Keeping safe and secure in your home is one of the priorities for most owners or occupiers and the locks you have are an essential consideration. Ensuring they are appropriate for your needs may mean that you could be considering a lock and key upgrade, this doesn’t have to be a big expenditure, you can head over to Fastkeys to find the best for you.
Before you head off to the DIY store, we give you the lowdown on all you need to know when changing the locks in your home.
Why you should change the locks in your home
You may be considering changing some or all of the locks in your home for a host of reasons. You may have just moved into a new home and replacing all locks is the prudent thing to do, especially if you don’t know who may have a key to the current locks.
Not changing your locks could lead to your insurance being invalidated should you be burgled, as most insurance companies expect to see evidence of a forced entry before they pay out. Or your old locks may be past their best or you want to change your windows and doors and need to upgrade the locks in the process.
The British Standard
Whatever your reason to change your locks, it is important that your upgraded lock and key hardware conforms with the British Standard 3621:2004. If they don’t, and this is particularly relevant if you live in an older property, it is essential that you change them, the standard is a condition of most home insurance policies.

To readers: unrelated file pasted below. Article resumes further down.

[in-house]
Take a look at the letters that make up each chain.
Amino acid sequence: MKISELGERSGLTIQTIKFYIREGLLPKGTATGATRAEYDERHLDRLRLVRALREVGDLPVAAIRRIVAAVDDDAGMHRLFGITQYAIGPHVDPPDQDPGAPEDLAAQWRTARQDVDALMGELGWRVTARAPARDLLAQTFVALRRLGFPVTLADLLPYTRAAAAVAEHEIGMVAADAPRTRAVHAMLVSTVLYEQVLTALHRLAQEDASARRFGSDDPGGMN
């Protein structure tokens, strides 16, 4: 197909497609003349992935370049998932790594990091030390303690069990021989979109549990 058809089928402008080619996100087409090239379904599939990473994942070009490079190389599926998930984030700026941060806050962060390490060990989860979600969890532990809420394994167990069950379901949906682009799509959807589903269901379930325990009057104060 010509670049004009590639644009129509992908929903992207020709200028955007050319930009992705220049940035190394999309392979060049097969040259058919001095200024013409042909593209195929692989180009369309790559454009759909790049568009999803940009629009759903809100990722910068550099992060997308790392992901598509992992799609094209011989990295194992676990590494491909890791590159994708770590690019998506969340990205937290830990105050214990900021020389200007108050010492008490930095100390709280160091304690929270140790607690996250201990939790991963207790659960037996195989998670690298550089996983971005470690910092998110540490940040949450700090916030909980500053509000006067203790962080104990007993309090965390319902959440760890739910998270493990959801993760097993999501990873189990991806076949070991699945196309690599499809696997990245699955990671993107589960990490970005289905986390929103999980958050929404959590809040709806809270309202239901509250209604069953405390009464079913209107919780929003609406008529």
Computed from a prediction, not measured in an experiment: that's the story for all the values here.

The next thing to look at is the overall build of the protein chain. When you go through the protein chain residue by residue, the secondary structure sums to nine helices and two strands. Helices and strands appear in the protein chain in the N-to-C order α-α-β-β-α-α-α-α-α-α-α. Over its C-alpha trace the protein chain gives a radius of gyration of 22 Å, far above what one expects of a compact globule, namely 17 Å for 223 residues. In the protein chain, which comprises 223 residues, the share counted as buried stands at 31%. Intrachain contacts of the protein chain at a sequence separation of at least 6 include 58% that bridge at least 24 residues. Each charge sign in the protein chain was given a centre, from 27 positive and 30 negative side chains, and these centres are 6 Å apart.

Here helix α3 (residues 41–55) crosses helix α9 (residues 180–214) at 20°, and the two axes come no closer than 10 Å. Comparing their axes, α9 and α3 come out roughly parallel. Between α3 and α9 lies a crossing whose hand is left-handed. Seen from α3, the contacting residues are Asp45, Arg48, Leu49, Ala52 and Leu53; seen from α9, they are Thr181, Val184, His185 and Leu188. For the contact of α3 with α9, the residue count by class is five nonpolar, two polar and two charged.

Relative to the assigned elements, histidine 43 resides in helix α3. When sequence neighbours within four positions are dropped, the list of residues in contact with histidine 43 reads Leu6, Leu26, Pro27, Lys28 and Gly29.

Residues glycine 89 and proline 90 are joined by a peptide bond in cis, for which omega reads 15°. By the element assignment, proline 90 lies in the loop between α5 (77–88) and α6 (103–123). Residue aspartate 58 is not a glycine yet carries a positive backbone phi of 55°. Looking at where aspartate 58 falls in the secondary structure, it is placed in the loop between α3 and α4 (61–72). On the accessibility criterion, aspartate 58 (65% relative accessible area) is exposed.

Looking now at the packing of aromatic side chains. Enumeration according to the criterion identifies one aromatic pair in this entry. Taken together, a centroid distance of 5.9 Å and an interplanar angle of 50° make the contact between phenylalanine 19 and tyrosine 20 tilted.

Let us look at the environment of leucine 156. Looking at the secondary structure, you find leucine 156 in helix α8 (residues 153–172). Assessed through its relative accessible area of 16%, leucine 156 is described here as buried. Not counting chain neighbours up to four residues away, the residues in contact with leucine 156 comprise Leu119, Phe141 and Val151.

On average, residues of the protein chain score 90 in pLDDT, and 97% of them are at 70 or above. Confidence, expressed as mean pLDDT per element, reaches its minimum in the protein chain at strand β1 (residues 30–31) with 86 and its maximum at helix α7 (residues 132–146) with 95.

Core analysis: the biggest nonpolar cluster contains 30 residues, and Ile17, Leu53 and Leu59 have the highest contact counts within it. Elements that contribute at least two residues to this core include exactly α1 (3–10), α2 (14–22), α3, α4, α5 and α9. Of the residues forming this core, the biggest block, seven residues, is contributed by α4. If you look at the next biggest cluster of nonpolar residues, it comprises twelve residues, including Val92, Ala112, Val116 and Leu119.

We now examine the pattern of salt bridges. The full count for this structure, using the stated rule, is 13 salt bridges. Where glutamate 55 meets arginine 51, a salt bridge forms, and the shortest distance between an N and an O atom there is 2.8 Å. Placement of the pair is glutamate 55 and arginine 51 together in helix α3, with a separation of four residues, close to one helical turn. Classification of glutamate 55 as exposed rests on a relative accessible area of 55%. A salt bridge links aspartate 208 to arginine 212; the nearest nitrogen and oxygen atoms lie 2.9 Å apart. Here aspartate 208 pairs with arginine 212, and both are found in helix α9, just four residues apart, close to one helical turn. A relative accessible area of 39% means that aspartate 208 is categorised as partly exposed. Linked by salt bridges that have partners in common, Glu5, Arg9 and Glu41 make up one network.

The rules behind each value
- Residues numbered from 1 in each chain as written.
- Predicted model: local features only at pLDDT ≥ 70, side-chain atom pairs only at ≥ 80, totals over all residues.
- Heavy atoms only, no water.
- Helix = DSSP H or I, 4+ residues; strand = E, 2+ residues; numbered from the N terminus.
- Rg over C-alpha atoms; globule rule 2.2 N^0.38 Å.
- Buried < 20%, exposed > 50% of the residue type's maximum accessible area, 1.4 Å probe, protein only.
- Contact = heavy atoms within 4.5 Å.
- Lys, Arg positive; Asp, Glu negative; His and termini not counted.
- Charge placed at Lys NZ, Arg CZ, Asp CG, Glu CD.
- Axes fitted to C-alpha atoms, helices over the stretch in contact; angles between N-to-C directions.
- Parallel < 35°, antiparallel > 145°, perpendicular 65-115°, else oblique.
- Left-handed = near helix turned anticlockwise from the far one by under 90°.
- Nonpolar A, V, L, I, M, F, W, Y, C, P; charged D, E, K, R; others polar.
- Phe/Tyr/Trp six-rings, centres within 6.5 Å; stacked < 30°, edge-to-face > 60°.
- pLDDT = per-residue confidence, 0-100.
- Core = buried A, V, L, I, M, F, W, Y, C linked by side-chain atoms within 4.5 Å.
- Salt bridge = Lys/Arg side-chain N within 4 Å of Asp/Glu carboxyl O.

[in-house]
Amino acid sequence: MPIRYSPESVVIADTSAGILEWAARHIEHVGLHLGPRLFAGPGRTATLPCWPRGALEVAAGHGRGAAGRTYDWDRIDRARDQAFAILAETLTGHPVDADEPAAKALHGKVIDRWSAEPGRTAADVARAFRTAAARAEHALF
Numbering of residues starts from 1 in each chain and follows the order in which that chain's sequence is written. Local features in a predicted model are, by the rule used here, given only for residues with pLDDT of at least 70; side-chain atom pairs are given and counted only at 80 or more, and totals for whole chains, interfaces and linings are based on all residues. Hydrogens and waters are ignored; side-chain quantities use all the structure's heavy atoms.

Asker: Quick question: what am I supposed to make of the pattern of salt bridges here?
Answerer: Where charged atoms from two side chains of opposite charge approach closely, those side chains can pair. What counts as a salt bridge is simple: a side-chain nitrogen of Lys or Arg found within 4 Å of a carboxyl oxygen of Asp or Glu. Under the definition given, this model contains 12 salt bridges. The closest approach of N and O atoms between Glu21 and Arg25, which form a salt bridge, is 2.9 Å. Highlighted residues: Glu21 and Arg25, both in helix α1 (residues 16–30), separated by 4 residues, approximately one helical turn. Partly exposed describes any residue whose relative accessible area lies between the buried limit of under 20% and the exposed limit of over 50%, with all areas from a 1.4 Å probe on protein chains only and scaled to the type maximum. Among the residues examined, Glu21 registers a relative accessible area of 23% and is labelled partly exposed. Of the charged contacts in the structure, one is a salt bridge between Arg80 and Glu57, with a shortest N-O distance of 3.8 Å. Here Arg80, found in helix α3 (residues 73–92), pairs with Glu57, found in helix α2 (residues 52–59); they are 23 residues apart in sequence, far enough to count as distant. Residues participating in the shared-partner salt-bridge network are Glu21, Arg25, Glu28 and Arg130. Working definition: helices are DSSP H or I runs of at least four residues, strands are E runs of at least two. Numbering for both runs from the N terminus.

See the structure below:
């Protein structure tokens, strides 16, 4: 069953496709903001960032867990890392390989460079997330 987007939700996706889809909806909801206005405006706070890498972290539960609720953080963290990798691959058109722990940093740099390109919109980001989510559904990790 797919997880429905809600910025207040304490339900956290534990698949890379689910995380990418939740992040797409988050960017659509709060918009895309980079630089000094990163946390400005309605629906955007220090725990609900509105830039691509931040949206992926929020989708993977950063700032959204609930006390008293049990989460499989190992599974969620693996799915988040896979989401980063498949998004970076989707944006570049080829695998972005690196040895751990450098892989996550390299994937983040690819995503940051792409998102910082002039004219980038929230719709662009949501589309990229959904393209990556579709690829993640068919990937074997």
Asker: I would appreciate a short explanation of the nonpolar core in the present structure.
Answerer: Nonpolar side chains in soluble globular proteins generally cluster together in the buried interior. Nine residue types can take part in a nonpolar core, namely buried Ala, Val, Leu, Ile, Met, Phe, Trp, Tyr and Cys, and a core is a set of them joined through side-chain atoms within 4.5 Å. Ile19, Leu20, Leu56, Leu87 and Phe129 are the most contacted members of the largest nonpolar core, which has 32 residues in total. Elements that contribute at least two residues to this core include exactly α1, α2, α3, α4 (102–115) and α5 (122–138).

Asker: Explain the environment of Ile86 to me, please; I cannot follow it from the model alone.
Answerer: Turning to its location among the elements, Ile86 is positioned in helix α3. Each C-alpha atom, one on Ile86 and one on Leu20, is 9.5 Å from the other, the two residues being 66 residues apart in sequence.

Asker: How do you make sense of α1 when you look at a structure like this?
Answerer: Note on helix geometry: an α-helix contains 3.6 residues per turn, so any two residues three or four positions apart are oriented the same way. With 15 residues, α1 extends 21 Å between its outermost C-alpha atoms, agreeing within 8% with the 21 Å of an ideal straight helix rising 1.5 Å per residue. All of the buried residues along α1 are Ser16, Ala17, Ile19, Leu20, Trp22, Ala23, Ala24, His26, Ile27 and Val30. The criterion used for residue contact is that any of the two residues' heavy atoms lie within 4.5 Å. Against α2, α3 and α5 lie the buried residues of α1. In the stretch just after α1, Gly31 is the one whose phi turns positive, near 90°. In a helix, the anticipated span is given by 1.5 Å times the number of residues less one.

What to consider before changing your locks
When choosing your locks, there are several key things to consider:
- You need to get the right type of lock for the type of door you are upgrading. For external entries – eg, front and back doors – mortice, cylinder and yale locks are appropriate, whereas for internal doors, where you need less security a simple deadbolt or even a sliding bolt should suffice.
- For PVC doors, you will usually need a multi-point locking system which has three or more internal locking points which lock simultaneously when you turn the key.
- To minimise the need to re-chisel a door to make a new lock fit, you should consider getting the same make and model of the lock you are replacing, if you are just doing a straight like-for-like swap. This way you can ensure the new lock will be the right fit and create a neat look.
DIY or hire a locksmith?
Changing a straightforward lock for a new replacement is a relatively easy task, and if you are confident with your DIY you should be able manage it yourself and save the cost of bringing in a locksmith. However, you should consider a locksmith if:
- Your house is old and are dealing with non-standard locks and fittings
- You are looking to fit a master key system – ie. a lock system where one key fits all doors. A locksmith is trained to install these complex systems so it may be best to hand it over to a professional.
And finally, if you are in any doubt as to what types of locks you need and how to fit them, always seek professional advice.